Road to Damascus still a place for conversions

by Joan Chittister

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The day our small delegation from the Woman's Global Peace Initiative arrived in Syria, CNN ran a ticker tape news flash announcing that a "huge storm was swirling around the tip of Saturn." I smiled at the sight of it. Frankly, I was more concerned about the huge political storm in Syria. Saturn, I figured would take care of itself. Syria, I wasn't sure.

The talk in Washington now may be of James Baker's Iran Study Group and British Prime Minister Tony Blair's commitment to reach out to Syria in order to engage with this regionally influential regime. But that was not the talk a week ago.

Up until Election Day, the United States simply refused to talk to Syria. Refused. The Syrian ambassador sat in Washington with no chance to be an ambassador. He was closed out of U.S. talks about Syria and the Middle East. Nevertheless, he heard on the television, just like everyone else, that Syria was on our "evil empire" list. Tensions were rising daily.

As a result, our delegation went to Syria with one thing in mind: We went to do some citizen-to-citizen diplomacy. We had been invited by the Syrian ambassador in Washington, Imad Moustaffa. "Come," he said. "See for yourselves. Our people need to see Americans who do not hate them."

Come and make a connection with the people, in other words, so that whatever enmity exists at the top, it does not poison the population, as well. It's so much easier to make people hate what they don't know than it is to make them hate what they do know.

We decided that this time we would go straight to the religious leaders of the country to ask them what kind of a place they thought Syria to be.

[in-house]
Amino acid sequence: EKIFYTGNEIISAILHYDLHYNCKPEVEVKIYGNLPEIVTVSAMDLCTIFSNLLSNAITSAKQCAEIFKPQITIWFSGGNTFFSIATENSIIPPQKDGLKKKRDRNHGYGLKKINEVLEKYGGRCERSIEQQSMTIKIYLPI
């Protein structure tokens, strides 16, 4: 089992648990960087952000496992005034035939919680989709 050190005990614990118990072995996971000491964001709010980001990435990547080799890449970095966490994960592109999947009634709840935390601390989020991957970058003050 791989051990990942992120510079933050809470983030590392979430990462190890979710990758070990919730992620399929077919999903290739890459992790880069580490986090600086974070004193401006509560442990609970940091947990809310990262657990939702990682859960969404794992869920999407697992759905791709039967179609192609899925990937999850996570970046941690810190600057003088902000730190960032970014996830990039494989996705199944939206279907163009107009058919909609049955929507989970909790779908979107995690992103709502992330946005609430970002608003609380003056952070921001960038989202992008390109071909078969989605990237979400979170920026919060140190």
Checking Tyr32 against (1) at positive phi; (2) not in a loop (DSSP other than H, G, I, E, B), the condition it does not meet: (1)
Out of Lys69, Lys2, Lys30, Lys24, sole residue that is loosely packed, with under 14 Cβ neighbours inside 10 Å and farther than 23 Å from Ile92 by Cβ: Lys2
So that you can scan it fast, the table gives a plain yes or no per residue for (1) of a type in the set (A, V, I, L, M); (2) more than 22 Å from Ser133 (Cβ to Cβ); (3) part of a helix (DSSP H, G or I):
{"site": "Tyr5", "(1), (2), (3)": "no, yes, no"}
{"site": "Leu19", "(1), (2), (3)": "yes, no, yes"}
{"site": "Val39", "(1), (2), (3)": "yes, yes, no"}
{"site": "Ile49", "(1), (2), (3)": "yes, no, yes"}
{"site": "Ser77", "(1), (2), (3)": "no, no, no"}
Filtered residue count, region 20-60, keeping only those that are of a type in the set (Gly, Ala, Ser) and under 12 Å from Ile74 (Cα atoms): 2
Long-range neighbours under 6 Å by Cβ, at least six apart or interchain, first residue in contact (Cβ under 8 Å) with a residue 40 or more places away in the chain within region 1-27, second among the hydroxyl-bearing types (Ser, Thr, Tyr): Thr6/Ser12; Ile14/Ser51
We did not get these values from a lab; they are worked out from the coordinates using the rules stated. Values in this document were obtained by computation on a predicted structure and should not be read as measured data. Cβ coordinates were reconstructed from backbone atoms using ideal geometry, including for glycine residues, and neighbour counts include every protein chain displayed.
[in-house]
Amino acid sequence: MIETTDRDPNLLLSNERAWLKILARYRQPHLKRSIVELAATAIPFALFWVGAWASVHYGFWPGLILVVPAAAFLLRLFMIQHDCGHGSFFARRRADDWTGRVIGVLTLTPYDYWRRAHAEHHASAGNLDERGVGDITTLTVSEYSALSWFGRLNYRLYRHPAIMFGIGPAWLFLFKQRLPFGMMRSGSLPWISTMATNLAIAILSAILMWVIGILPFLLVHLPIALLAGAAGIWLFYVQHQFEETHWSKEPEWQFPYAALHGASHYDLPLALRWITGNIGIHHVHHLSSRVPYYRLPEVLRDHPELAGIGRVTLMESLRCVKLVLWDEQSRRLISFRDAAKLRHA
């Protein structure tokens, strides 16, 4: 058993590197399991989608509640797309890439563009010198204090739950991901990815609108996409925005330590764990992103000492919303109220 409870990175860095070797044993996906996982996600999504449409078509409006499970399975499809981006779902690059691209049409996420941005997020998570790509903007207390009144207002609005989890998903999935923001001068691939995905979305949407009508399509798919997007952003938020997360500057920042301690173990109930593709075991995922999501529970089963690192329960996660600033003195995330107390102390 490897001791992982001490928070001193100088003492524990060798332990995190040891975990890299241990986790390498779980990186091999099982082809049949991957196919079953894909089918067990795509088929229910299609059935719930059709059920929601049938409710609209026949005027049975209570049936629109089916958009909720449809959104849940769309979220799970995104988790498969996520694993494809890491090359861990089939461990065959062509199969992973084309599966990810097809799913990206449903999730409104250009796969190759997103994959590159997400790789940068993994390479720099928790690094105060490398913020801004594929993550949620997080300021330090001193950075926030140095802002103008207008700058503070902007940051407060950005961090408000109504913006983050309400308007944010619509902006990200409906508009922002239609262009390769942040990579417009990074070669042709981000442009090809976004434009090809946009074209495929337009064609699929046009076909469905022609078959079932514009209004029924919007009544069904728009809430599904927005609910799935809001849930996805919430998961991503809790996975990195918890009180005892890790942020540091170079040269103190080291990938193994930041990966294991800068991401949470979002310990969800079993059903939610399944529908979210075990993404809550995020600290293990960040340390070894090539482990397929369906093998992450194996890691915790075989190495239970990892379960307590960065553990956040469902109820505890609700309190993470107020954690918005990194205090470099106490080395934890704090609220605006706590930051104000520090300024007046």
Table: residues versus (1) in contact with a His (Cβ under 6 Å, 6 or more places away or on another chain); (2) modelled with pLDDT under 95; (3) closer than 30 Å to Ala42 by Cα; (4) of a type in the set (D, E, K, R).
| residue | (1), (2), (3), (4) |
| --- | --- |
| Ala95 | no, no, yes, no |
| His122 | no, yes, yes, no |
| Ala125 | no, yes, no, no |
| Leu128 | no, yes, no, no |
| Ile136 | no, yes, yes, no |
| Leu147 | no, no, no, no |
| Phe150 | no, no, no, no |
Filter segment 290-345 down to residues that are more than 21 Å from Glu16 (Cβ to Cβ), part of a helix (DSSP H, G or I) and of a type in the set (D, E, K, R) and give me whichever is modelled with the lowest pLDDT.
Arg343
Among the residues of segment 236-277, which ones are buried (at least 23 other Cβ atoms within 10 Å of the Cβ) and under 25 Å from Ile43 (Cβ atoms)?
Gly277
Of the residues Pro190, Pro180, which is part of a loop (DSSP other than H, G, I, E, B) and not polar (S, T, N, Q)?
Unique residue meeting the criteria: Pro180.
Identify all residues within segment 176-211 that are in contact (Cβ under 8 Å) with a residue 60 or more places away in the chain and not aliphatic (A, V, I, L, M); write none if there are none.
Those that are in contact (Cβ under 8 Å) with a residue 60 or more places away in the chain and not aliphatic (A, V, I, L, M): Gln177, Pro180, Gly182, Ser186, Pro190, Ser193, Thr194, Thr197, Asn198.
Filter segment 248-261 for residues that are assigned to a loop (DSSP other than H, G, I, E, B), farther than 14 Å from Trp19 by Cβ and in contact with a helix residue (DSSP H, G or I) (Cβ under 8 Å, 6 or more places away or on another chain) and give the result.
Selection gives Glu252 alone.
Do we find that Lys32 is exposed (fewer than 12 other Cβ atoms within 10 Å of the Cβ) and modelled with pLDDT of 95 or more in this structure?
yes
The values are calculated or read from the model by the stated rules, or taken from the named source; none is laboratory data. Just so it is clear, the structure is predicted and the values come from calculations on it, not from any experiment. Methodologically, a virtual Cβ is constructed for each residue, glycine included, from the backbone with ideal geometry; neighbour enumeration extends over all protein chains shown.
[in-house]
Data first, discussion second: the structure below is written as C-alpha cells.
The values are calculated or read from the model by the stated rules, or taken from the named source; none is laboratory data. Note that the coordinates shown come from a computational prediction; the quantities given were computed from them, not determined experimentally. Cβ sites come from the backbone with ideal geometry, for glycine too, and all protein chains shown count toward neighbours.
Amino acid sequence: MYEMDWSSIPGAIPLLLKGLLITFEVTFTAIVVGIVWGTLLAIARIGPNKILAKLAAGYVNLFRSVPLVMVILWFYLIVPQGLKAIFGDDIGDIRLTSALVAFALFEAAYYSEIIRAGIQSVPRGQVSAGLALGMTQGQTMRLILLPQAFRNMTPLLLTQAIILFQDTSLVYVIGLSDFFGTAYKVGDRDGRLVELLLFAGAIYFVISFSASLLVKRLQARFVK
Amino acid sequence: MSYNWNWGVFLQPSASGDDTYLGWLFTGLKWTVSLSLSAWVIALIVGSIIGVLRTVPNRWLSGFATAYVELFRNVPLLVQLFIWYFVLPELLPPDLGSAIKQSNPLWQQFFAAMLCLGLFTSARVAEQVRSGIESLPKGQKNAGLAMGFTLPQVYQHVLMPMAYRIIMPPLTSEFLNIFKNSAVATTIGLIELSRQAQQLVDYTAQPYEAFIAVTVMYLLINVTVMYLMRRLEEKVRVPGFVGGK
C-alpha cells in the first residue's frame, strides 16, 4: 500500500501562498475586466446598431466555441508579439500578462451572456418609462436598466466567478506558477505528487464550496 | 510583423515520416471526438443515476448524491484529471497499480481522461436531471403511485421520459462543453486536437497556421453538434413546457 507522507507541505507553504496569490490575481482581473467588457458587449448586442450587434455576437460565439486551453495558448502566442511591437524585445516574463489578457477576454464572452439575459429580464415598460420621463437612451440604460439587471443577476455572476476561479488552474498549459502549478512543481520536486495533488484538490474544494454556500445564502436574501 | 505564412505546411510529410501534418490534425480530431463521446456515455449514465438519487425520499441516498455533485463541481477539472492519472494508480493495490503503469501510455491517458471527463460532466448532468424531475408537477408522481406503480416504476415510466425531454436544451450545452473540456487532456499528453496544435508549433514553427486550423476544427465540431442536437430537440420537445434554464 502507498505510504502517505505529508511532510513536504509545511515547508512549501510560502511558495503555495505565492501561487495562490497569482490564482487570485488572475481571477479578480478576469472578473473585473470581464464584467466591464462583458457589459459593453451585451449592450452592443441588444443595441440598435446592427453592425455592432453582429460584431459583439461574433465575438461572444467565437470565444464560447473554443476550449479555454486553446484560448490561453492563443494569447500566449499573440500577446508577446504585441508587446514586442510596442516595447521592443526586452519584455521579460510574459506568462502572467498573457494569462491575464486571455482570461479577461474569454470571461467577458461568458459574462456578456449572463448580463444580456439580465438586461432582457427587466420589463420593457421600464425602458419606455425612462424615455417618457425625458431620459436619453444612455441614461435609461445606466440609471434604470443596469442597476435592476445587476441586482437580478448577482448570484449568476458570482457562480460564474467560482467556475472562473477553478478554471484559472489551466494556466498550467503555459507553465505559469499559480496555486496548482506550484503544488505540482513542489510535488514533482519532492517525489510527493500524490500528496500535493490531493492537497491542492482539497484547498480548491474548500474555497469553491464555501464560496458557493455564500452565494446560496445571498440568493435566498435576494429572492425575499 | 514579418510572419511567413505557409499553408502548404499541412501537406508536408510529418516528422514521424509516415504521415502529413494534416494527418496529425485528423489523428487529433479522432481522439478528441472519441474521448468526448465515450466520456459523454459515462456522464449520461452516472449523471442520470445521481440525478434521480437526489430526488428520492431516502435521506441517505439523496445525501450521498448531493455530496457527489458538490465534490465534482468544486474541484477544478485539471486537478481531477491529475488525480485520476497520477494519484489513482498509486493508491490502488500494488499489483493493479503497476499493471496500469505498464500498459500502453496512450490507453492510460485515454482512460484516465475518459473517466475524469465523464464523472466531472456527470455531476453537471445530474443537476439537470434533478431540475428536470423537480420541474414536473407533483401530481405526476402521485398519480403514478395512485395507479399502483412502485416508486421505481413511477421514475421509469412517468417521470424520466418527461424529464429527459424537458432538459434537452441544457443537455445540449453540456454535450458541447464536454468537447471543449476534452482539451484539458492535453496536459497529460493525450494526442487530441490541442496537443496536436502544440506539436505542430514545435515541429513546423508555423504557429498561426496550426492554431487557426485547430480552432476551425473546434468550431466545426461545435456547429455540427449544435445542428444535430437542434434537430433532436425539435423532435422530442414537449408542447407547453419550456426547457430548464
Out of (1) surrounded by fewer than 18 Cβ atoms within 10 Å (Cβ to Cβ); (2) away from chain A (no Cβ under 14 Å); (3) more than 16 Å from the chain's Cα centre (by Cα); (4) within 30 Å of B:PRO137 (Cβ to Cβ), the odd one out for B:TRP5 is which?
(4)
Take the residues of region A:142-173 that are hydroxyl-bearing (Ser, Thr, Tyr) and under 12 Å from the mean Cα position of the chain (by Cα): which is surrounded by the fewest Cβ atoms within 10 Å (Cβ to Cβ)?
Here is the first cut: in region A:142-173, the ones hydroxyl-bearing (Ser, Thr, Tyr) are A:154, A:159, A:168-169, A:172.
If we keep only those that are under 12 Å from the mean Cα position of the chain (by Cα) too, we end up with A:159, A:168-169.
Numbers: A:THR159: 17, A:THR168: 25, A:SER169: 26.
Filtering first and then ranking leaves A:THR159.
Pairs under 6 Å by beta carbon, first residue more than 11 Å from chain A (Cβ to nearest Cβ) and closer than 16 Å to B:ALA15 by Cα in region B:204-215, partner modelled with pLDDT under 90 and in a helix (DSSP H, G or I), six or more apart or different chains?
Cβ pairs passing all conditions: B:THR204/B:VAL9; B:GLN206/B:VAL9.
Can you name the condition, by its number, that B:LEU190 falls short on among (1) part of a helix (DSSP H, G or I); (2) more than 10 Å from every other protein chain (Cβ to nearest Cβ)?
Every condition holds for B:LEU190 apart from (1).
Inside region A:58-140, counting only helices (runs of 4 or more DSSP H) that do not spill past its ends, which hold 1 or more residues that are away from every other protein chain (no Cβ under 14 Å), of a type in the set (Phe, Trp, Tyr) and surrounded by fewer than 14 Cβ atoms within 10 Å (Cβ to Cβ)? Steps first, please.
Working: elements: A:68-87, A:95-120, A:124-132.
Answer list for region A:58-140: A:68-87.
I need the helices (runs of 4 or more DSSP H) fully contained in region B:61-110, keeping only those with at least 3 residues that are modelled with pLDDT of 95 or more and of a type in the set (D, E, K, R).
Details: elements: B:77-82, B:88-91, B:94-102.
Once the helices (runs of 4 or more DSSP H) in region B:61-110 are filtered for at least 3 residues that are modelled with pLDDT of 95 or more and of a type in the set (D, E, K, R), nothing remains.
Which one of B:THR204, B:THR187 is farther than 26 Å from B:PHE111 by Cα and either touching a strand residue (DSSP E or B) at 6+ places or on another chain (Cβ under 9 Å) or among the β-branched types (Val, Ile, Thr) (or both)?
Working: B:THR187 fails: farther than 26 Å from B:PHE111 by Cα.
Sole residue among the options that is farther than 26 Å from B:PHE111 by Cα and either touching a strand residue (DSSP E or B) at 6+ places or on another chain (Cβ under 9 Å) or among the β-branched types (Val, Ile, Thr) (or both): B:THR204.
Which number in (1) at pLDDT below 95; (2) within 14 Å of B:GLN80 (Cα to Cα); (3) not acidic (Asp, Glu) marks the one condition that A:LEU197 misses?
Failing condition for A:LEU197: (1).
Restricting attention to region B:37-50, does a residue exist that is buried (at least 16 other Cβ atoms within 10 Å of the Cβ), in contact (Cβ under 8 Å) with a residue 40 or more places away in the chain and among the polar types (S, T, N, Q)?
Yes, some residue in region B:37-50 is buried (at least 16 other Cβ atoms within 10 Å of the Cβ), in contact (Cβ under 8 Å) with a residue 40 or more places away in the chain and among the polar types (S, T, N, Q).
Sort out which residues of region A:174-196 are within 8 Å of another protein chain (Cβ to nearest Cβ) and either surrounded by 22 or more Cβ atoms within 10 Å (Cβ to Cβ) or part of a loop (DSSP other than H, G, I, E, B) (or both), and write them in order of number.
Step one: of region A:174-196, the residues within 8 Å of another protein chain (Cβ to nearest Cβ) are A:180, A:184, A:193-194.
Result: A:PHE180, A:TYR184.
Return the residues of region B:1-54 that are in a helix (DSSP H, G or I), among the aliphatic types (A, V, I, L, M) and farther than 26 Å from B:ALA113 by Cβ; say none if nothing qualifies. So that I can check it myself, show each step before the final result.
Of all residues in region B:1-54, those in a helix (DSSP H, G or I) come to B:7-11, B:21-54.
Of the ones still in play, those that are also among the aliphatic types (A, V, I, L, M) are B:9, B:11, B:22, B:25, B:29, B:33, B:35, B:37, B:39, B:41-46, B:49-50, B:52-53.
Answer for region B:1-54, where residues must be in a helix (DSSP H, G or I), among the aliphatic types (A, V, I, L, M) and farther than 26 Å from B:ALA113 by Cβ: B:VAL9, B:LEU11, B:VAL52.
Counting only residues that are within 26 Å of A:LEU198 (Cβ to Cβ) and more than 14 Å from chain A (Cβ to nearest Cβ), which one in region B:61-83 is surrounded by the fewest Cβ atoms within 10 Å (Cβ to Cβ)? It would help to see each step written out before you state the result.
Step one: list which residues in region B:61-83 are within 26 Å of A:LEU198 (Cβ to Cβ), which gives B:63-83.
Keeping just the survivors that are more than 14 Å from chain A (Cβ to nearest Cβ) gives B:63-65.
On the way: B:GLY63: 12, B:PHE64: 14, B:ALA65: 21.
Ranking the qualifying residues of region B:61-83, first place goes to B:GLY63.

First we met with His Beatitude Patriarch Ignatius IV Hazim, Patriarch of Antioch and the Entire East for the Russian Orthodox. He was very kind but very straight forward:

"We don't know the American people. We only hear the President . . . and we have a deep resentment about the image of Syria in the U.S. Syria is not an Islamic country. Syria is a secular state. . . . We are not oppressed as Christians. Look at our cathedral. It is no tent!"

His points were clear and the scene was set: Christianity was not being oppressed in Syria. Christianity was one religion among many there. Just as it is in the United States.

But what role does it play in Syria? Is it as a non-Islamic religion a dynamic presence in the society or simply a passive conveyor of ancient rituals in a secretly hostile environment? After all, it's bad enough to be called "unpatriotic" for talking to the enemy. You don't want to be used as part of the enemy propaganda machine -- a kind of modern Tokyo Rose whom it took almost 50 years to finally vindicate.

They would show us the modern church, they told us, in one of the oldest Christian populations in the world.

Our first appointment, they told us, would be a trip to "meet with the Iraqis."

The Iraqis? What did that mean? We were, after all, in Syria.

As we wound our way back from the Patriarch's palace, through the narrow back lanes of the city, I realized that Paul of Tarsus had walked in this very area, too. "Not in this area," our translator said. "Paul walked here. Here. On this street. I will show you." And, all of a sudden, we emerged "on the street called "Straight" talked about in Scripture.

The impact of the statement was far more than biblical. Damascus is the longest continuously populated city in human history. More than 7,000 years old, they tell us. We were on the very street that ties the early moments of Christianity with today's struggles.